1 January 1970
Posted by: Richard Scrase
Two new 'non-animal methods', have now been approved by OECD for testing the irritancy of some substances to the eye.
The largest animal study ever on the cancer-causing risk (carcinogenicity) of chemicals could have profound implications for the species used in such testing, the numbers of animals used, and the accuracy of current tests.
Three animal rights extremists who were imprisoned for their role in the 'Save the Newchurch Guinea Pigs' campaign – Jon Ablewhite, John Smith and Kerry Whitburn – have been released from prison.
This month’s awaited pledge by the coalition government to end household product testing on animals has been welcomed by the UK research community.
The recent infiltration of a UK safety testing facility by an antivivisectionist raises many questions.
A recent study suggests that the chemical industry will have to spend €9.5 billion (US$13.6 billion) on safety testing over the next decade.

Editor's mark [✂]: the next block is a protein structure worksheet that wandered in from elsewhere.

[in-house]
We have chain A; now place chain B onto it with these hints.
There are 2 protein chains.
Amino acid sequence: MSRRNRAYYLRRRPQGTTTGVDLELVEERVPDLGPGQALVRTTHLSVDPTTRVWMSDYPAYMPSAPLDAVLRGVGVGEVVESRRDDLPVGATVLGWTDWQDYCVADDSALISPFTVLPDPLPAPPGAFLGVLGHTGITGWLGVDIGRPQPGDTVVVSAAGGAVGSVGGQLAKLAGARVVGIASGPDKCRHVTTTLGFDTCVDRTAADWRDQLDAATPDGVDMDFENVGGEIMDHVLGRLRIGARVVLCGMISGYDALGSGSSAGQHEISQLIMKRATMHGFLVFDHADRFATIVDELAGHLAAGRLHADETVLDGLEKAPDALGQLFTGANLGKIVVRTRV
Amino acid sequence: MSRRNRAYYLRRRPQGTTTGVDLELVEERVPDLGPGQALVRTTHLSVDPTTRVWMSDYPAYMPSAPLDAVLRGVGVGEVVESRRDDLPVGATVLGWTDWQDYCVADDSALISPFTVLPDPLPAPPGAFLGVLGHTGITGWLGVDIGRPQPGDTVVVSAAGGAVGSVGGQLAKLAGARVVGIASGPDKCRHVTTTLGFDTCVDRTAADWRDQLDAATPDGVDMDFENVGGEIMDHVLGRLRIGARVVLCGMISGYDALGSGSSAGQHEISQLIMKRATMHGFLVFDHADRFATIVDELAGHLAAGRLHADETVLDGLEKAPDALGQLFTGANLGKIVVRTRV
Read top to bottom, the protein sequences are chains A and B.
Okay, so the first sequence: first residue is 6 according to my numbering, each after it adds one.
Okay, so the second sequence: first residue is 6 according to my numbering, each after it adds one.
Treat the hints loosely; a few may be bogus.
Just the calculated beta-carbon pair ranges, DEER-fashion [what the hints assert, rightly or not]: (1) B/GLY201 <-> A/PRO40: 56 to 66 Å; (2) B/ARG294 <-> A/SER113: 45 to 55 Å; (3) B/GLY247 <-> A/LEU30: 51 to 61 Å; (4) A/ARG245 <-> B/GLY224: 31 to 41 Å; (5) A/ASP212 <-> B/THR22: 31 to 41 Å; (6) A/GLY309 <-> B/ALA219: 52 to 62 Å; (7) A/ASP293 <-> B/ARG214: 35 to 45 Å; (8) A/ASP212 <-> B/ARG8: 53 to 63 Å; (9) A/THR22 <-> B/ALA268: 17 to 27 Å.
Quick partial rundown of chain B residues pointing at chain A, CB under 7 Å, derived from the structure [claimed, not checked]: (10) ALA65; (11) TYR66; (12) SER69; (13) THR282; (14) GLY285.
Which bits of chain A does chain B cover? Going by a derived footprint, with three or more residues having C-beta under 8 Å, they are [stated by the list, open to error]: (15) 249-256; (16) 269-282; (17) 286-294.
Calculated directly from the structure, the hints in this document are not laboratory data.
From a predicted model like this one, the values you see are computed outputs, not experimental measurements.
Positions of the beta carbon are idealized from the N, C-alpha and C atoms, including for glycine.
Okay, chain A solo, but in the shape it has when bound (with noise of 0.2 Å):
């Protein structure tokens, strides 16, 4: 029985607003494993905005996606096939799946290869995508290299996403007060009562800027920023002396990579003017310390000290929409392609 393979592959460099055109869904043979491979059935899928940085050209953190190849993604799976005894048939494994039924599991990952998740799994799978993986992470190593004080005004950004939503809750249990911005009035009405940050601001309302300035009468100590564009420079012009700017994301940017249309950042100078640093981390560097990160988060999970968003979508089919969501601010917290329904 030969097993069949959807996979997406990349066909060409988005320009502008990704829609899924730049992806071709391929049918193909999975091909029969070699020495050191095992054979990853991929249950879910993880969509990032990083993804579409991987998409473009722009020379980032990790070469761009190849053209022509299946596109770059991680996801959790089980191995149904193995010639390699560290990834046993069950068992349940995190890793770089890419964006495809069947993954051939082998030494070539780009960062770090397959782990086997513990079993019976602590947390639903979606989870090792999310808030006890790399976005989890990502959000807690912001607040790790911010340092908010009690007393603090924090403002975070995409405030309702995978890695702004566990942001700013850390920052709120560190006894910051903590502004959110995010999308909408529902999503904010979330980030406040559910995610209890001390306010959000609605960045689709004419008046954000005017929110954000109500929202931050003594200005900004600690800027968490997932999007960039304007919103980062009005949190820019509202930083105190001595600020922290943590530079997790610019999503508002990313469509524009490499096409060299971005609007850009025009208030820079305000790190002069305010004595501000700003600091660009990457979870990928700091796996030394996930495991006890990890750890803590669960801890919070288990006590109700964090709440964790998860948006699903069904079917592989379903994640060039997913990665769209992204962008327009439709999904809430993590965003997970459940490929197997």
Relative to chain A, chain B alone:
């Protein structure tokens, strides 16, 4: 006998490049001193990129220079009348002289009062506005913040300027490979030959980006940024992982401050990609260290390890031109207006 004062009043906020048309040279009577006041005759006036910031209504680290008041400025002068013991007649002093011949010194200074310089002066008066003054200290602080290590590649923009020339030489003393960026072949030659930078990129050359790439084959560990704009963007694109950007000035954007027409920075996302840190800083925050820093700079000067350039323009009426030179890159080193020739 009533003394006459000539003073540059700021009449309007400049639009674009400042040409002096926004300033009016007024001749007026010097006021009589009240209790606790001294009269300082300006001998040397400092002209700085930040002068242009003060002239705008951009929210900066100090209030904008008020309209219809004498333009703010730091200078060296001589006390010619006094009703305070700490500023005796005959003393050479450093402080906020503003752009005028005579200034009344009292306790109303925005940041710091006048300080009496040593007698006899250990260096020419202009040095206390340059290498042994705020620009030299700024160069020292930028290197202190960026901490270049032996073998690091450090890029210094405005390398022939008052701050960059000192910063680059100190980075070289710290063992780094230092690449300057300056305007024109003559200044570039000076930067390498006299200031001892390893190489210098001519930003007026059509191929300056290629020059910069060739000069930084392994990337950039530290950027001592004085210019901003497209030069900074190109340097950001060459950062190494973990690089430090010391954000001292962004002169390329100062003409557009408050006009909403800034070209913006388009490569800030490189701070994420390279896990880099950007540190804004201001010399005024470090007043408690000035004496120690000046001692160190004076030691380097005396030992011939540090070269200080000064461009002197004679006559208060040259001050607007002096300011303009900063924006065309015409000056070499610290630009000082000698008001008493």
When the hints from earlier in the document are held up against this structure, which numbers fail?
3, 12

Scientists have been awarded nearly £1 million to develop new test methods that should substantially reduce the numbers of animals used for testing chemicals which may cause cancer.
Allergic reactions to everyday chemicals are common causing eczema in millions of people, and tests on animals have been important in testing new chemicals for skin sensitisation.
To better study the breakdown and toxicity of new medicines in a human liver, scientists have created what has been named a ‘humanised mouse'.